Stanford campus leaders did not respond Wednesday to a request for comment from The College Fix.
‘People are reacting in such a knee-jerk way’
Meanwhile, the campus angst could be just the beginning.
The petition is actually a misnomer for the “Western Civilization Ballot Initiative” which, if it gets 350 students to sign on by the first week of March, will qualify for a vote before the entire undergraduate student body.
It’s already collected 200 signatures, said Harry Elliott, the manifesto’s primary author and editor-in-chief of the Stanford Review. He added there’s no guarantee it will get enough signatures, as intimidation tactics by students against the effort are already in full swing.
For one, the petition has a firewall that allows only Stanford students to access it and then sign it if they so choose. But Elliott, in an interview Wednesday with The College Fix, said some students who have publicly signed on to the document have been contacted and harassed by students who asked them why they would do such a thing. As peer pressure mounts, others have asked to be taken off as signatories.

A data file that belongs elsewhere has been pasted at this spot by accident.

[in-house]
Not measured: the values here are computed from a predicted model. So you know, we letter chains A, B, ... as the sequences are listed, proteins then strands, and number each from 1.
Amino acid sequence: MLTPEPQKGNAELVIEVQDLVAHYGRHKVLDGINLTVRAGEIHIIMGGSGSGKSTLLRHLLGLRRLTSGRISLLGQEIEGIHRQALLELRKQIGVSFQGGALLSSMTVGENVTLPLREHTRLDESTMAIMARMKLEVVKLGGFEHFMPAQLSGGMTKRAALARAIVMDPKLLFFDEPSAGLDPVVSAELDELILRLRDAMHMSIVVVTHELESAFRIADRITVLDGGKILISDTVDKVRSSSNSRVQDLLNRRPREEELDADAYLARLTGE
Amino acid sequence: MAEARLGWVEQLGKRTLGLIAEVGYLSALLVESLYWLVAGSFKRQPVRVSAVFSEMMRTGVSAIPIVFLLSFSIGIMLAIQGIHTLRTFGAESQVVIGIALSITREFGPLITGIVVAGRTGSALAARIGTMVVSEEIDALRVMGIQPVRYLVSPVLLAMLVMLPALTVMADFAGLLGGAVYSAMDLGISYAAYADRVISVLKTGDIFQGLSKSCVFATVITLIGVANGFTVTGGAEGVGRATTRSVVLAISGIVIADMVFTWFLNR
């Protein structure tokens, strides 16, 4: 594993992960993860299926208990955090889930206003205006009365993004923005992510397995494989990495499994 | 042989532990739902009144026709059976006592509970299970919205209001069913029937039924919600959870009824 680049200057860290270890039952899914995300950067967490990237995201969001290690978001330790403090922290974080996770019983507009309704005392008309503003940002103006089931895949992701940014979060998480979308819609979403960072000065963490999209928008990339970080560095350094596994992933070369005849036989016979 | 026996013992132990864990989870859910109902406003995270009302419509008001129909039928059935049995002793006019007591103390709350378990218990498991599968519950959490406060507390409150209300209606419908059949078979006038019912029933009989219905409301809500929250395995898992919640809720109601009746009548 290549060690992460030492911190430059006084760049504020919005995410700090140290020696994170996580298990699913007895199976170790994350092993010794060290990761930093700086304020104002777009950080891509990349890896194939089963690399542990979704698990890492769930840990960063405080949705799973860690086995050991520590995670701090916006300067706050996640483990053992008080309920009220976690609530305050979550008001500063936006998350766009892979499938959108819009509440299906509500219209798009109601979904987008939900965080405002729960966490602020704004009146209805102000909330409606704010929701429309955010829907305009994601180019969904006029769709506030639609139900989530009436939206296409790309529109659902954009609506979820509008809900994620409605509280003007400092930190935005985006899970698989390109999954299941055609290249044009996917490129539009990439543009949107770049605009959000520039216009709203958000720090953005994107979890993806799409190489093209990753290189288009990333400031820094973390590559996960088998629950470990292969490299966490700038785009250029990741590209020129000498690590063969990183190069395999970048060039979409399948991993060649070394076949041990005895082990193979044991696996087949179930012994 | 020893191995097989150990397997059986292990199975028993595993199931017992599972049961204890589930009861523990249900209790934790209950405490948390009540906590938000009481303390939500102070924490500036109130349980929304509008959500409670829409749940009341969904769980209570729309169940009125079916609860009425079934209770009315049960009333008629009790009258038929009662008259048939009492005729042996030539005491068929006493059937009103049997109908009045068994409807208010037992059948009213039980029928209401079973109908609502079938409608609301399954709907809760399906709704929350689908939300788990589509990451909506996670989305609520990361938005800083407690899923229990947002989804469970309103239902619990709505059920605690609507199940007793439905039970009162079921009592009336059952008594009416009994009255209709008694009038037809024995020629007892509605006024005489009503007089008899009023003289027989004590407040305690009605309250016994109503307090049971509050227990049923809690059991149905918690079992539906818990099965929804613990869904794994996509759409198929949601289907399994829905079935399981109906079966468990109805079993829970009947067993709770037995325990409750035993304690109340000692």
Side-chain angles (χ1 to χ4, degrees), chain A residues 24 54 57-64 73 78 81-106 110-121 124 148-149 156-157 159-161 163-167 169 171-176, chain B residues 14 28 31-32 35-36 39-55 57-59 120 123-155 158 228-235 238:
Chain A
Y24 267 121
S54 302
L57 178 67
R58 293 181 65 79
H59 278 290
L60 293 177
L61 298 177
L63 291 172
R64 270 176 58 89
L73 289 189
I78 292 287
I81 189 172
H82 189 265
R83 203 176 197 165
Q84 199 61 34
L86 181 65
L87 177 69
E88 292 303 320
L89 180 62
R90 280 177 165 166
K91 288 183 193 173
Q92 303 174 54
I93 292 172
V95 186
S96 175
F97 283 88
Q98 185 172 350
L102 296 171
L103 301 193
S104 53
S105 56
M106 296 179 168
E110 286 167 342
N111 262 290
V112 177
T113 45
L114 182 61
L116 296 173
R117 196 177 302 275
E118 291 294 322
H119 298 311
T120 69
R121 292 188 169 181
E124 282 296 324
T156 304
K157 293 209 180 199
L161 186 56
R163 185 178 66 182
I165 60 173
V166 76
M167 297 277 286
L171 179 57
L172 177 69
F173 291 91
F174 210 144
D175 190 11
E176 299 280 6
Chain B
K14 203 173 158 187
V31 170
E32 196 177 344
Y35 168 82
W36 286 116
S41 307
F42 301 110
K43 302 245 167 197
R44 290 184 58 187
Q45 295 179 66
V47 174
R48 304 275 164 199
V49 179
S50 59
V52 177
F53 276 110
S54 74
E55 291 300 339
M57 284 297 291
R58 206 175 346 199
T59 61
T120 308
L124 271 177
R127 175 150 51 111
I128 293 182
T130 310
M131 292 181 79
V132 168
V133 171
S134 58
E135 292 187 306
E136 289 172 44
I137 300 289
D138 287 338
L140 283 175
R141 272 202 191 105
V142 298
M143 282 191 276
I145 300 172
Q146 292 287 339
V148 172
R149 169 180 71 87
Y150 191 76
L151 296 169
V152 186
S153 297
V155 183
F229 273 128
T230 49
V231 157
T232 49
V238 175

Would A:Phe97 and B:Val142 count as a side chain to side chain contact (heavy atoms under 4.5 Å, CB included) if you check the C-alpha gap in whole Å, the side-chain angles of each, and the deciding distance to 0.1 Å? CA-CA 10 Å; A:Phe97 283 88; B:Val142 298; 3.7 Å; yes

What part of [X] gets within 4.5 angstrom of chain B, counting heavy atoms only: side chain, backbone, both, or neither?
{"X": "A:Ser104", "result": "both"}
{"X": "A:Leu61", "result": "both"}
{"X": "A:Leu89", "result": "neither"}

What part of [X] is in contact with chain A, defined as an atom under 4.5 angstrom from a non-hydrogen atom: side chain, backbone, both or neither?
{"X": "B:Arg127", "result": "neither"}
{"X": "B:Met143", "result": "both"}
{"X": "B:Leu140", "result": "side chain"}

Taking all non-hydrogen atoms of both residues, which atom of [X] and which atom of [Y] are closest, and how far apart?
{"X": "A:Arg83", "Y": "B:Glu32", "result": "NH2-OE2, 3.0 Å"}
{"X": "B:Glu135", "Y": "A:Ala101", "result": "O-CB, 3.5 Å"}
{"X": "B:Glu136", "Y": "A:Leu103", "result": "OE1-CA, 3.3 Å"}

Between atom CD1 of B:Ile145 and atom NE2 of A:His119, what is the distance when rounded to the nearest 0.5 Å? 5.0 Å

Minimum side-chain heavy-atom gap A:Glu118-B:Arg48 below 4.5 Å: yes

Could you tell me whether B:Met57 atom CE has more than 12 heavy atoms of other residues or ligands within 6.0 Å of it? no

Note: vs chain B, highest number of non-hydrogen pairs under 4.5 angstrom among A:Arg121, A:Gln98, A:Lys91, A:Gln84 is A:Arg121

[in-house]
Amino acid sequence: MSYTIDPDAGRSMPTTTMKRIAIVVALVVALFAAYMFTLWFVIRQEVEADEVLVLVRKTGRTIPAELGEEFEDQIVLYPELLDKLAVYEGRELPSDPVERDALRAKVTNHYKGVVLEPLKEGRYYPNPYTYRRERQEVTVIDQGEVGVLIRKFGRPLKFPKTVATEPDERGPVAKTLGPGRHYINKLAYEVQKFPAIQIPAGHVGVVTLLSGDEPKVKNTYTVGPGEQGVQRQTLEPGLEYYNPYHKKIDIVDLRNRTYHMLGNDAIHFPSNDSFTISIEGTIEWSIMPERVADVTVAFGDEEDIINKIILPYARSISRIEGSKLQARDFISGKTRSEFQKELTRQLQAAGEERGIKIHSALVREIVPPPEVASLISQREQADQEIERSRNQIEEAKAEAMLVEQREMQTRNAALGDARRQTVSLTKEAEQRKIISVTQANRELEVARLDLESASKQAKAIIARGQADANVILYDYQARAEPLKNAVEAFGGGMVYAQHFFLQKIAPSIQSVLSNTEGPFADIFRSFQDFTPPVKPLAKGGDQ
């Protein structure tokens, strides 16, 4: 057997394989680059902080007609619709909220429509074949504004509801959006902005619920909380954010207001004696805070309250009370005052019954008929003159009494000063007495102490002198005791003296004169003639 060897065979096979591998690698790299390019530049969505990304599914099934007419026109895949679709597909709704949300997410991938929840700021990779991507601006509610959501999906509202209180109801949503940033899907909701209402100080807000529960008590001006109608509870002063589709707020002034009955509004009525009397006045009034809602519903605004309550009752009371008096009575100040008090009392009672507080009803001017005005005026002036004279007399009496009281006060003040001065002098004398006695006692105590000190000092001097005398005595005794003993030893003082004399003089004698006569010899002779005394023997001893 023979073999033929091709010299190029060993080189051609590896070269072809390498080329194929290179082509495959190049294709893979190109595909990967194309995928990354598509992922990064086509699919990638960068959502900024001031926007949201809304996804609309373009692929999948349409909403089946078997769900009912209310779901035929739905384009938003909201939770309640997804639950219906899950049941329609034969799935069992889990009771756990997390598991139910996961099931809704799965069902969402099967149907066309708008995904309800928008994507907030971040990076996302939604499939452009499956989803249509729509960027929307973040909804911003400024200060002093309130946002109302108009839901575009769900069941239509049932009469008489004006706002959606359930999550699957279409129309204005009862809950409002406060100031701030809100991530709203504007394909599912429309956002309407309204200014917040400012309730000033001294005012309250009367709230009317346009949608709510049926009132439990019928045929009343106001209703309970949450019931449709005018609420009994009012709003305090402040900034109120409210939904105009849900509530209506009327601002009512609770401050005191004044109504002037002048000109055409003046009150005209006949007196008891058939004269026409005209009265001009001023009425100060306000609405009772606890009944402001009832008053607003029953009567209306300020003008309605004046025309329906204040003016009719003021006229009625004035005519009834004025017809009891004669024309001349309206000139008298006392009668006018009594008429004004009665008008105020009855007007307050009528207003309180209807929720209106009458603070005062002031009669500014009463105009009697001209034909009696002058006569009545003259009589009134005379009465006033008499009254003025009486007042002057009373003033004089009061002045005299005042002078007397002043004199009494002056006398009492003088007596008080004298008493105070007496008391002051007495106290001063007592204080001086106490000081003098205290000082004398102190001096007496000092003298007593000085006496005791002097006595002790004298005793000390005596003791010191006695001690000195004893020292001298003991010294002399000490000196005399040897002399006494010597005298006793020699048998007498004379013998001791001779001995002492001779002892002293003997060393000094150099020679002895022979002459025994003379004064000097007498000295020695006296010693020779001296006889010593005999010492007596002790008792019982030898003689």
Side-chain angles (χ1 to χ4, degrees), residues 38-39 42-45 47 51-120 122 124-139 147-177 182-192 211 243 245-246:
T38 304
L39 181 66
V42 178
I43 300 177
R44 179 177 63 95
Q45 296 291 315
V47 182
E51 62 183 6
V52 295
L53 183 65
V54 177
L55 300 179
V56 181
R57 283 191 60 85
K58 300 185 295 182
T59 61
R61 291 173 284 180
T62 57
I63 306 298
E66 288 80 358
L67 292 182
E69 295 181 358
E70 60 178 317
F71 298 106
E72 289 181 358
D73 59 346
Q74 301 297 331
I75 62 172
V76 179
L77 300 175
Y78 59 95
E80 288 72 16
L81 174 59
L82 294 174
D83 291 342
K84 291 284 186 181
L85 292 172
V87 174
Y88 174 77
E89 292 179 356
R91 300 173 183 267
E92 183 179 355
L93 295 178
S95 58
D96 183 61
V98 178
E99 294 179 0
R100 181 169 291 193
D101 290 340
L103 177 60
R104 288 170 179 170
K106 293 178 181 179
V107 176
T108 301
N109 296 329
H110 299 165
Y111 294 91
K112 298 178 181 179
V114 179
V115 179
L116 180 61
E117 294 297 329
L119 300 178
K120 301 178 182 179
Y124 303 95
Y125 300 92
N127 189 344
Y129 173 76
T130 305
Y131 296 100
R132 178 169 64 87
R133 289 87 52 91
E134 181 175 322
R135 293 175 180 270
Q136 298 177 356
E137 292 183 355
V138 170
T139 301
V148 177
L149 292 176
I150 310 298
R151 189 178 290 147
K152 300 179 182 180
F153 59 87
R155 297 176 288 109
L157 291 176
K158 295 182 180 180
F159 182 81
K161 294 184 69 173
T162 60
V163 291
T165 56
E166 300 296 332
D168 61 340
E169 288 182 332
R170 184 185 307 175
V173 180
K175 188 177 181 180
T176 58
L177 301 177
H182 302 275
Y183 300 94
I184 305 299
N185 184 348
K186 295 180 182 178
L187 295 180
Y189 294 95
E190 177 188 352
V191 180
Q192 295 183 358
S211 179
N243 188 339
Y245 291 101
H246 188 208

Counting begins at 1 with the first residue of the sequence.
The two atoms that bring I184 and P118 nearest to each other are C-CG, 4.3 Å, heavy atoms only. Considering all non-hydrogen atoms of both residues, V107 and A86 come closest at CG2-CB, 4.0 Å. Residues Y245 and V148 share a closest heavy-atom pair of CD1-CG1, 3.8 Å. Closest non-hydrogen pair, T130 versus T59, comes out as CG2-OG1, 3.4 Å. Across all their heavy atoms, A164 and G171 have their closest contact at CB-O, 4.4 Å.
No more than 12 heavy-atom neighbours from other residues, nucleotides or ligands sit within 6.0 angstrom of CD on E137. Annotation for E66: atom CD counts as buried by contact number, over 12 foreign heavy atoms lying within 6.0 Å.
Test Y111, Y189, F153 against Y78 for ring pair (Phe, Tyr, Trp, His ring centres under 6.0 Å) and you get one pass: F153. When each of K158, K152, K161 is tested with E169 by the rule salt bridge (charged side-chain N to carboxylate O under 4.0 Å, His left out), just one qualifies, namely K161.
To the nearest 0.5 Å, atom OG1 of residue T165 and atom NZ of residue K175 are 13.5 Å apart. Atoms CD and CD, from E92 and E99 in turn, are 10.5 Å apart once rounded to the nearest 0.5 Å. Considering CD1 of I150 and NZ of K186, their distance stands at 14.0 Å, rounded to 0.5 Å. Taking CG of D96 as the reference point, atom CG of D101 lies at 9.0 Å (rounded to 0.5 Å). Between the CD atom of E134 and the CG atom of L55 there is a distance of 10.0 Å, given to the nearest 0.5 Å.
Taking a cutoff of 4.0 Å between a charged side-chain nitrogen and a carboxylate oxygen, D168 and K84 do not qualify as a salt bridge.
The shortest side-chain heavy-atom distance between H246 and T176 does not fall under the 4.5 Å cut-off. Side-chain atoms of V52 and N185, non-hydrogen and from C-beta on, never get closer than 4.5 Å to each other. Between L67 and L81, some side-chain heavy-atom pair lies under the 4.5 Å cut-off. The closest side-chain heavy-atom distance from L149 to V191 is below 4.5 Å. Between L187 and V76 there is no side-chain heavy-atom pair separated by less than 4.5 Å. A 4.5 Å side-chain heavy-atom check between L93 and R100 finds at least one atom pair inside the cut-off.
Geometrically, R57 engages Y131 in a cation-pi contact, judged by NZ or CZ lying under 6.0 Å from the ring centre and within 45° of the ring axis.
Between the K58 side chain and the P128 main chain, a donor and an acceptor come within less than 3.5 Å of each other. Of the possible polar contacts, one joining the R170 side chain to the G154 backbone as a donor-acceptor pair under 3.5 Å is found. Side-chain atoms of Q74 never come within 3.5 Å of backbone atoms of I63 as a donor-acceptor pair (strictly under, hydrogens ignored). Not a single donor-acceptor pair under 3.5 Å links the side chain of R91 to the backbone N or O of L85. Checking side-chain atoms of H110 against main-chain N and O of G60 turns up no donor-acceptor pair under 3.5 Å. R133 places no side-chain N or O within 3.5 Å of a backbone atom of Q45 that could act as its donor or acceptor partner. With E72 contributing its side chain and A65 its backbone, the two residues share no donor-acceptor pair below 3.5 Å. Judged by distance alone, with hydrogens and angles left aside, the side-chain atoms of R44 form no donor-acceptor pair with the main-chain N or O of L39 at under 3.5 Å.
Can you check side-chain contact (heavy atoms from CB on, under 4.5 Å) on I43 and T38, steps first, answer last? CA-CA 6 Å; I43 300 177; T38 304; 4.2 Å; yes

What’s more, after a low-income freshman wrote an op-ed in the Review in defense of studying Western Civilization, the student was booted from an online chat room consisting of student peer leaders within the Stanford First-Generation Low Income Partnership, according a screenshot of the chatroom conversation obtained by The College Fix.
Supporters have also been subjected to name-calling in online comments, various social media threads, and student email chains, Elliott said.
“I’ve been called racist, I’ve been called a joke, I’ve been told to put Western Civilization up my ass, it’s quite a hilarious selection,” said Elliott, 20, who is British.
“What is very disappointing is the ability to have any reasonable discourse on this topic seems to have disappeared,” he told The Fix. “It’s very vitriolic. … People are reacting in such a knee-jerk way.”
Out of the Dark Ages
But Elliott said he remains steadfast in the effort. His group created a chart that aims to respond to all the various arguments the effort has received thus far. And his group has some faculty support.
“A number of faculty have come forward and expressed their support,” he said, adding some professors have personally lamented to him that many students lack a basic understanding of the underpinnings of Western Civilization.